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Being Dalit and Transgender: Explaining Intersectional Oppression


Transgendered Dalit activists of the Trans Rights Now Collective|Sindhu Sarathy
Dalit Transgenders are at the intersection of caste and diverse interpretations of gender, and are always the last people who are given the fundamental respect of being documented within the country's most important historical moments.

"In my work with Transrights Now Collective and Project Mukti, I often think about the history of transgender people as one driven by exoticisation, curiosity and voyeurism. To Indian historians and writers, transgenders are a category in documents, victims in fiction and curious objects to be observed. Our lives are an unfamiliar terrain ridden with taboos." says Grace Banu to The Print.

"The writers fail to see the human lives that challenge binaries imposed by cis-brahmanical patriarchy and how we struggle to fight for rights in a world that is largely divided by caste and gender binaries."

"Our stories, when written by oppressor castes, are written to reinforce phobias and stigmas against us. One could even argue that we are the most exploited category in Indian history which has volumes that describe our physical appearance, lives, and practices as a community, but hardly any are authored by us and for us. None reflect how we survive, live and love in independent, modern, digital India."


- Grace Banu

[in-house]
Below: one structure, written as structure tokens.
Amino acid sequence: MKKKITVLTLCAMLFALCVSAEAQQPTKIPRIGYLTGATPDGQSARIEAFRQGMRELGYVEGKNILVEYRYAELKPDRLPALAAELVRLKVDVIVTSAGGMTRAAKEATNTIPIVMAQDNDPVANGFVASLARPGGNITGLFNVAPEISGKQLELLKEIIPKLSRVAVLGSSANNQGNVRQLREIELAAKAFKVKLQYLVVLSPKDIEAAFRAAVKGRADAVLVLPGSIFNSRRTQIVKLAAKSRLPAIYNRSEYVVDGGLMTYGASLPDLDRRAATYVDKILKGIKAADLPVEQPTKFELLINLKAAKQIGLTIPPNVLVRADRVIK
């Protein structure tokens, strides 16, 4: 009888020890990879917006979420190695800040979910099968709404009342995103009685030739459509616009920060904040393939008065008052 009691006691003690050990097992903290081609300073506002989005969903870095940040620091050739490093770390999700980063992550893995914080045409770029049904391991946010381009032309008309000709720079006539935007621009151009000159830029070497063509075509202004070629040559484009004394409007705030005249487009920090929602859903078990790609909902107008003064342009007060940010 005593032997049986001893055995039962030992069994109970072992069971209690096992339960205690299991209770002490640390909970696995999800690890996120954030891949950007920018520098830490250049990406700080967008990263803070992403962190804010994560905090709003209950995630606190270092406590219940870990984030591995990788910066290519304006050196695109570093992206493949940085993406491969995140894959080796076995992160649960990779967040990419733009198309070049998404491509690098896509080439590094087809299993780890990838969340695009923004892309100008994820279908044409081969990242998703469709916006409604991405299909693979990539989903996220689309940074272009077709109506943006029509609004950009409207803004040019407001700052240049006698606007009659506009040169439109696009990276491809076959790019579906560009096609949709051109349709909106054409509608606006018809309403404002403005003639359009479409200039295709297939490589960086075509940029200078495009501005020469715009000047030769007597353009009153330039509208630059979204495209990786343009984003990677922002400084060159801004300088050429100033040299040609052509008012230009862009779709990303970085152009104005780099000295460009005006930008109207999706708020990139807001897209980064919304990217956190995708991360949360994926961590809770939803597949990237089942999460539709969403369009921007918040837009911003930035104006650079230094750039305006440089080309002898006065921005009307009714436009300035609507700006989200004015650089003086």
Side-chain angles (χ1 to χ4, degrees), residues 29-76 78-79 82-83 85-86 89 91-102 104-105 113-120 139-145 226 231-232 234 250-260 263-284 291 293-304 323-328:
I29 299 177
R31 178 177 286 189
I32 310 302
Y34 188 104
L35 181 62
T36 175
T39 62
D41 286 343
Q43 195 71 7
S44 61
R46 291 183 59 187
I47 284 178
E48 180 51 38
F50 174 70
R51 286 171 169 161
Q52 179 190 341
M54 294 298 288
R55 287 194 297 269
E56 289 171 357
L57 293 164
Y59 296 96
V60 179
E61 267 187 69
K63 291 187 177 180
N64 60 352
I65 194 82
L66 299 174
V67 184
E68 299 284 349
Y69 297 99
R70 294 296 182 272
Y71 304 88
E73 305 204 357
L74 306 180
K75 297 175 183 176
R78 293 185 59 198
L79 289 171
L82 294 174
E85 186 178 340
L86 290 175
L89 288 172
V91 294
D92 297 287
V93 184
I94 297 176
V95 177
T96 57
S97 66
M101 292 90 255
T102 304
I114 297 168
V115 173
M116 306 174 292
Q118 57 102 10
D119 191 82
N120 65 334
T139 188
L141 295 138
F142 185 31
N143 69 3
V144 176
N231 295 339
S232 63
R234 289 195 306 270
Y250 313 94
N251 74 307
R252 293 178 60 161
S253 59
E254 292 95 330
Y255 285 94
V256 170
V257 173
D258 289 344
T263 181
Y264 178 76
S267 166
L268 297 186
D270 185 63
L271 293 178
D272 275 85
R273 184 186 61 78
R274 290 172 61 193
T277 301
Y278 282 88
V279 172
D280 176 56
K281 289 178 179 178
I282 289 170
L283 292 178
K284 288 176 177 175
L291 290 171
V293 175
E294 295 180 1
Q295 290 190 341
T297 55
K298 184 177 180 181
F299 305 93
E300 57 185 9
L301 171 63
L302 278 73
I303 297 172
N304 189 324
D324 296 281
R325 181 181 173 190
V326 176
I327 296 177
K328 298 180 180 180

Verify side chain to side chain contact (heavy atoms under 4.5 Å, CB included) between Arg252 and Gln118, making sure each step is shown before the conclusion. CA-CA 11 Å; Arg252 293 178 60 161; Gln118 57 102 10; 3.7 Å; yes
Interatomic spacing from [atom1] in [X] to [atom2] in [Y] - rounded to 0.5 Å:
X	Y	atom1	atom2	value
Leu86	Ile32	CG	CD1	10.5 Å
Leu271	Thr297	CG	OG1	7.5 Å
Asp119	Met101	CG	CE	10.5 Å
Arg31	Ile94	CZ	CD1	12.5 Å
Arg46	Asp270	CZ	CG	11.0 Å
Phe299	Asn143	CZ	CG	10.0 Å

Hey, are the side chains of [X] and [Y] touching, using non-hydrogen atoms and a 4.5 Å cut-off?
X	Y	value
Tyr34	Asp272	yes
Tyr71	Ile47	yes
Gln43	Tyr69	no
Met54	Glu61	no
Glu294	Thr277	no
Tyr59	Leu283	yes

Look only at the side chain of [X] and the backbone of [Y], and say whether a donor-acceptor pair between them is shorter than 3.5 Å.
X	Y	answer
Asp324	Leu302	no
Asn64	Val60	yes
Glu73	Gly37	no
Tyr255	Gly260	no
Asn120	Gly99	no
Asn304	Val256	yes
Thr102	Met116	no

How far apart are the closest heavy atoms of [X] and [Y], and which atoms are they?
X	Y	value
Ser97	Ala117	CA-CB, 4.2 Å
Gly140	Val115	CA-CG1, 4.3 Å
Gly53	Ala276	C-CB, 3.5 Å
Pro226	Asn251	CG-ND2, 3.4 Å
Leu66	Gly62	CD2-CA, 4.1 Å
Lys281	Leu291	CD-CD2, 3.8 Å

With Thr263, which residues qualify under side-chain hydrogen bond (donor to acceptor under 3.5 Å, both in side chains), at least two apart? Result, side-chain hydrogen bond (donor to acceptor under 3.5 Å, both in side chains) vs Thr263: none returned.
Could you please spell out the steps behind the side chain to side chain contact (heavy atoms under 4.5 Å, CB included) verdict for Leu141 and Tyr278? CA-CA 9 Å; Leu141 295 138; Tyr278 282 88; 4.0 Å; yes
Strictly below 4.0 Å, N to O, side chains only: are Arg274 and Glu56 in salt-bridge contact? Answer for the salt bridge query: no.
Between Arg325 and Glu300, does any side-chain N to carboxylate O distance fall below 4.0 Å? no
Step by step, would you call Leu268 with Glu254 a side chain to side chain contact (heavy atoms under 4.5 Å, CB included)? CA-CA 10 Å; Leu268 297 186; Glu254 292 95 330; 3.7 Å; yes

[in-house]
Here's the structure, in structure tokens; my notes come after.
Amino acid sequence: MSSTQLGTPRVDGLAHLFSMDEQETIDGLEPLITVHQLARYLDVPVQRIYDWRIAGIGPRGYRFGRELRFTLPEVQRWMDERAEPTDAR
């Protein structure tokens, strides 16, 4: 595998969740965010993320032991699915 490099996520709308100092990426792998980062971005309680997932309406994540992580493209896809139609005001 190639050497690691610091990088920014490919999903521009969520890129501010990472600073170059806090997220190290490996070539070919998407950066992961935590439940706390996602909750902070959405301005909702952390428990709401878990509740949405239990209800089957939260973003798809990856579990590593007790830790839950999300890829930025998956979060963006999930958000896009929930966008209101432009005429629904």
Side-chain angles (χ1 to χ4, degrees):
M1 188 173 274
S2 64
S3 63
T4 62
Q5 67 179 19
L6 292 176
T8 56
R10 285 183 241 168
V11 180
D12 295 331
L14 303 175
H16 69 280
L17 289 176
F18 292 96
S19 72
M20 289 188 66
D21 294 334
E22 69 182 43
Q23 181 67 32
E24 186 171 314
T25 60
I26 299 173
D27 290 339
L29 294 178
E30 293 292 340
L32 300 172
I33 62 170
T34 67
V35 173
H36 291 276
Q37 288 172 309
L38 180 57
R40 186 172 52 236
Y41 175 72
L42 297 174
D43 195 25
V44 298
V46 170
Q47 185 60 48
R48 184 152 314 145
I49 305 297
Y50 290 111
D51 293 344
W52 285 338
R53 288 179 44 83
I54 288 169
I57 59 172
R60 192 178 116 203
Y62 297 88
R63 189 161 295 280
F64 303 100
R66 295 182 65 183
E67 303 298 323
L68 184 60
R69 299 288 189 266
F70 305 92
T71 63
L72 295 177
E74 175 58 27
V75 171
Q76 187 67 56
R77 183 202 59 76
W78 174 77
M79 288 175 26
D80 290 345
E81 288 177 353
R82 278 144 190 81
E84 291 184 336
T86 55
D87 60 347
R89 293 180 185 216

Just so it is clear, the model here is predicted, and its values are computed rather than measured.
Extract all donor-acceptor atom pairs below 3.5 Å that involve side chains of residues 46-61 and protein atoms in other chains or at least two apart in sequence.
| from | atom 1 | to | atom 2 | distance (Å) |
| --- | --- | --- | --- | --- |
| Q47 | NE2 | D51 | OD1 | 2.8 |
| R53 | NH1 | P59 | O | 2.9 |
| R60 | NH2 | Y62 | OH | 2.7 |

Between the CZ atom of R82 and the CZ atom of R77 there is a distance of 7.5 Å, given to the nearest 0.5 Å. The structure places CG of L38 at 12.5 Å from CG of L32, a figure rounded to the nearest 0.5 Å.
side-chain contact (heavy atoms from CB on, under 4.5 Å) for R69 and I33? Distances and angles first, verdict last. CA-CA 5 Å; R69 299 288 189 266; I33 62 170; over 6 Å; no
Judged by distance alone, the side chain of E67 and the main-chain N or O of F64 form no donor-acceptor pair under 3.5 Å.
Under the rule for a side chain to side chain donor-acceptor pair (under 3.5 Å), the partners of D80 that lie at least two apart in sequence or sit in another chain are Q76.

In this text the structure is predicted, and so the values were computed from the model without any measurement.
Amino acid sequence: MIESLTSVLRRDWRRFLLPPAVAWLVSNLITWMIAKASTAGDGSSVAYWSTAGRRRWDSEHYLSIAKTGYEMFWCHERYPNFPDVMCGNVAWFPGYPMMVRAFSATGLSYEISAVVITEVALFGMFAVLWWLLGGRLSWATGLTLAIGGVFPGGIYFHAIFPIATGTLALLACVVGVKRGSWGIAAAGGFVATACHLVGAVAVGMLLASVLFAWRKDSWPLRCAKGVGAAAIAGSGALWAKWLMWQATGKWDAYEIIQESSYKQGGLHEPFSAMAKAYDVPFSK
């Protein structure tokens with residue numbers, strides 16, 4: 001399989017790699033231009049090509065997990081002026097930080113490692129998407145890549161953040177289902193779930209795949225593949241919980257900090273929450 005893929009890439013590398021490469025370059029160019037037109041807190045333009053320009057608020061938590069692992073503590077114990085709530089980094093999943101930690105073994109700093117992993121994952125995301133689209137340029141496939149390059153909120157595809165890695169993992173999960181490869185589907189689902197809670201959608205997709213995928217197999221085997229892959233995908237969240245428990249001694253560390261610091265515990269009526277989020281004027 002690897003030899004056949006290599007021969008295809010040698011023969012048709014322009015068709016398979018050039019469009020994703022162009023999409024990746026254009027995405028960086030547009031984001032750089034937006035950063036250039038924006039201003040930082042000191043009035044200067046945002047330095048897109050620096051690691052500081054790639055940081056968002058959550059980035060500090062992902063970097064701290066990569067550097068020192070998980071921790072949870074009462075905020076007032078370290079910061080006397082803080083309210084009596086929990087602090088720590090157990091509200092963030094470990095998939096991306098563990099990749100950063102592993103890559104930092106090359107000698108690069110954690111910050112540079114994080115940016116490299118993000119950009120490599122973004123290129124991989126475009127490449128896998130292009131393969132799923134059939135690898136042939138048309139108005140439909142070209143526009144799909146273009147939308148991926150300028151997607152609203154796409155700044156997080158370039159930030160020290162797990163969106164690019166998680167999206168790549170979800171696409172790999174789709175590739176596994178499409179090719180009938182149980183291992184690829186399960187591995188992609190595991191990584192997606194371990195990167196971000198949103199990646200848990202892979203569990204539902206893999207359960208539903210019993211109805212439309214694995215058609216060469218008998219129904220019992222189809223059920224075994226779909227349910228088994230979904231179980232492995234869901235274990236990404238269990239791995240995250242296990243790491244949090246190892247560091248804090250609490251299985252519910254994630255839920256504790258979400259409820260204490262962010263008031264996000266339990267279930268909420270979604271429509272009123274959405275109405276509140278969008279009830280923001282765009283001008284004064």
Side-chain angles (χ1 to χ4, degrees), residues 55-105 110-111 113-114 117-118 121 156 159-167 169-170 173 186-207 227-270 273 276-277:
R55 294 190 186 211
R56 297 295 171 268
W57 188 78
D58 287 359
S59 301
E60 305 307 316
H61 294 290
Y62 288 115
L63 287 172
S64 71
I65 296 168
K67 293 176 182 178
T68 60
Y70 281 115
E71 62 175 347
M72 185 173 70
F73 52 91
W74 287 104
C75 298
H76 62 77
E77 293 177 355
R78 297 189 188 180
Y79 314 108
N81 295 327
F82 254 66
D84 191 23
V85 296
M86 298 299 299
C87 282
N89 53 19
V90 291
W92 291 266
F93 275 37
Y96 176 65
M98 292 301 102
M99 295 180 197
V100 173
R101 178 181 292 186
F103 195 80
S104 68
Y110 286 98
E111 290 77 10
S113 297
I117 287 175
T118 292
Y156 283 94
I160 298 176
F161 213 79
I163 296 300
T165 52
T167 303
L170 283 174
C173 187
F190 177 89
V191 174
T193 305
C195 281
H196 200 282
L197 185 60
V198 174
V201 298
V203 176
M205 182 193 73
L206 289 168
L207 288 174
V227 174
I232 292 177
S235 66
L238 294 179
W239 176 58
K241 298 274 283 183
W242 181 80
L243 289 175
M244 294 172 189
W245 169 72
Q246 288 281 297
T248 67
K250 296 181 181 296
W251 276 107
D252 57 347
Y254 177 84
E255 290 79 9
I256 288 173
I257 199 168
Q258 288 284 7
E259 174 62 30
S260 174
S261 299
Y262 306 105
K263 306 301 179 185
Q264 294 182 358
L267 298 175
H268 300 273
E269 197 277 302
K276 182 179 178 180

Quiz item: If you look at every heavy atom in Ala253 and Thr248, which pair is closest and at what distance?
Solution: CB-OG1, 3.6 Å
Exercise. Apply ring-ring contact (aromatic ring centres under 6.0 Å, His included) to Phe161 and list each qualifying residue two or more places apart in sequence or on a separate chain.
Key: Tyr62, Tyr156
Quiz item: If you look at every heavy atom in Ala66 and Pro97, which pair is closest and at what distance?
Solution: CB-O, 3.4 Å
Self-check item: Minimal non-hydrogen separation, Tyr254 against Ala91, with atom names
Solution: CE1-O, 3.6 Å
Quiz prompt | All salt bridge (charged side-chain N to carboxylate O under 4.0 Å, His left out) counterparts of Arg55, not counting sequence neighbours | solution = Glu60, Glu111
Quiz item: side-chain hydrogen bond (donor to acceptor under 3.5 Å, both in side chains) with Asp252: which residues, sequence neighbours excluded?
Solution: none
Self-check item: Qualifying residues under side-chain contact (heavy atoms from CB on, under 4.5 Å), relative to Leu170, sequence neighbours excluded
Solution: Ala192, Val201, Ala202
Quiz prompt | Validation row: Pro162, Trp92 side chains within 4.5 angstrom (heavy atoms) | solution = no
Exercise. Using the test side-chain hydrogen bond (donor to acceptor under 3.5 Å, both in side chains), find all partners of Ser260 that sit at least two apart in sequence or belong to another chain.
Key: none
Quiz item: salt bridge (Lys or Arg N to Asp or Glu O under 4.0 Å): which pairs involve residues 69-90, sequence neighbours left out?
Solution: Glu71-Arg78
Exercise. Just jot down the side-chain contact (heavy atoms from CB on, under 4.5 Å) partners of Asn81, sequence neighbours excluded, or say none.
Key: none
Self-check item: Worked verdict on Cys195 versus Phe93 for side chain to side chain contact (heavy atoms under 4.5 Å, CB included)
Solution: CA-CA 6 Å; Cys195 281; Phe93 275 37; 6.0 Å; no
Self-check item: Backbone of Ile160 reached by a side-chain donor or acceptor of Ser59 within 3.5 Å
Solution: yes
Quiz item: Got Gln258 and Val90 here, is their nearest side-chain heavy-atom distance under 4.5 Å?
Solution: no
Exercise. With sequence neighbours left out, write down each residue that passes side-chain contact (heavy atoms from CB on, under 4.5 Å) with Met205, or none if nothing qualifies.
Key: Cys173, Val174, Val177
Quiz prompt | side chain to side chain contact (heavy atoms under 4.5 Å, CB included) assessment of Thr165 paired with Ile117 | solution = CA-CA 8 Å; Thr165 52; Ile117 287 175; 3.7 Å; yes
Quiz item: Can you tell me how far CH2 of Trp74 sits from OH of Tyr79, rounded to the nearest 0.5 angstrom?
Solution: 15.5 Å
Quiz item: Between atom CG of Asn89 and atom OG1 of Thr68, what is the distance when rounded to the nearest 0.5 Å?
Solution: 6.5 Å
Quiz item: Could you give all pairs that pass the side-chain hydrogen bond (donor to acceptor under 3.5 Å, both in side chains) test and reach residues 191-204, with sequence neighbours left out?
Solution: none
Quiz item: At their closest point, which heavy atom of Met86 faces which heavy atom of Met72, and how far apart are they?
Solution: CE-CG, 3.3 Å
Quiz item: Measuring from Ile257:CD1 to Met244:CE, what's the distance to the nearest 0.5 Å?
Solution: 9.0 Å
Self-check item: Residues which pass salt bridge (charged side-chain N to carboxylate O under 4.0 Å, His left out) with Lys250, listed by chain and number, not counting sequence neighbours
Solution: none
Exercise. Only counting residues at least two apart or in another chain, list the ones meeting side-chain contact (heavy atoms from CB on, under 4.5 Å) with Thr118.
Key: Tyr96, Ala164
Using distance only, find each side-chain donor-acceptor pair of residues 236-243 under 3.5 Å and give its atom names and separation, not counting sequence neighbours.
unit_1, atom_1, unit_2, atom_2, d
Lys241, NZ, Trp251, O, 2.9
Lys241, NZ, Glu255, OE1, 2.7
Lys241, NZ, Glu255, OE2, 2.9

It is indeed painful to see that intersectional oppression is still not paid enough heed especially in a country like India. We know for a fact that it is the 21st century where people are working hard to find resources and are going beyond their access to find good education for themselves and their children. Even then, when we come down to marginalizing people on the basis of their caste and gender (on the basis of mere appearance) shows how deflecting our society is.

Most of us put up posts or amplify voices when a case takes place upon a Dalit woman or a community. We are waiting for something to happen and when that something happens, there is an obvious uproar on social media, news channels, youtube etc but all of it dies down with time and we are onto the next thing.

A lot of us don't even know the amount of death threats, rape threats and harsh experiences Dalit transwomen have had to go through to be where they are today. There are almost null reportage on their cases but that doesn't mean there are not any.


The Dalit community has been in a perpetual battle with the state to create legal frameworks that secures our rights and protects them from the violence meted out to them on account of their position.

Dalit activists are working hard on the legal front, to gain more visibility and respect. More than visibility, all they are asking is for people to understand the nuances of the caste oppressions along with being a man, along with being a woman and along with being a transwoman. Intersectional differences are real differences.



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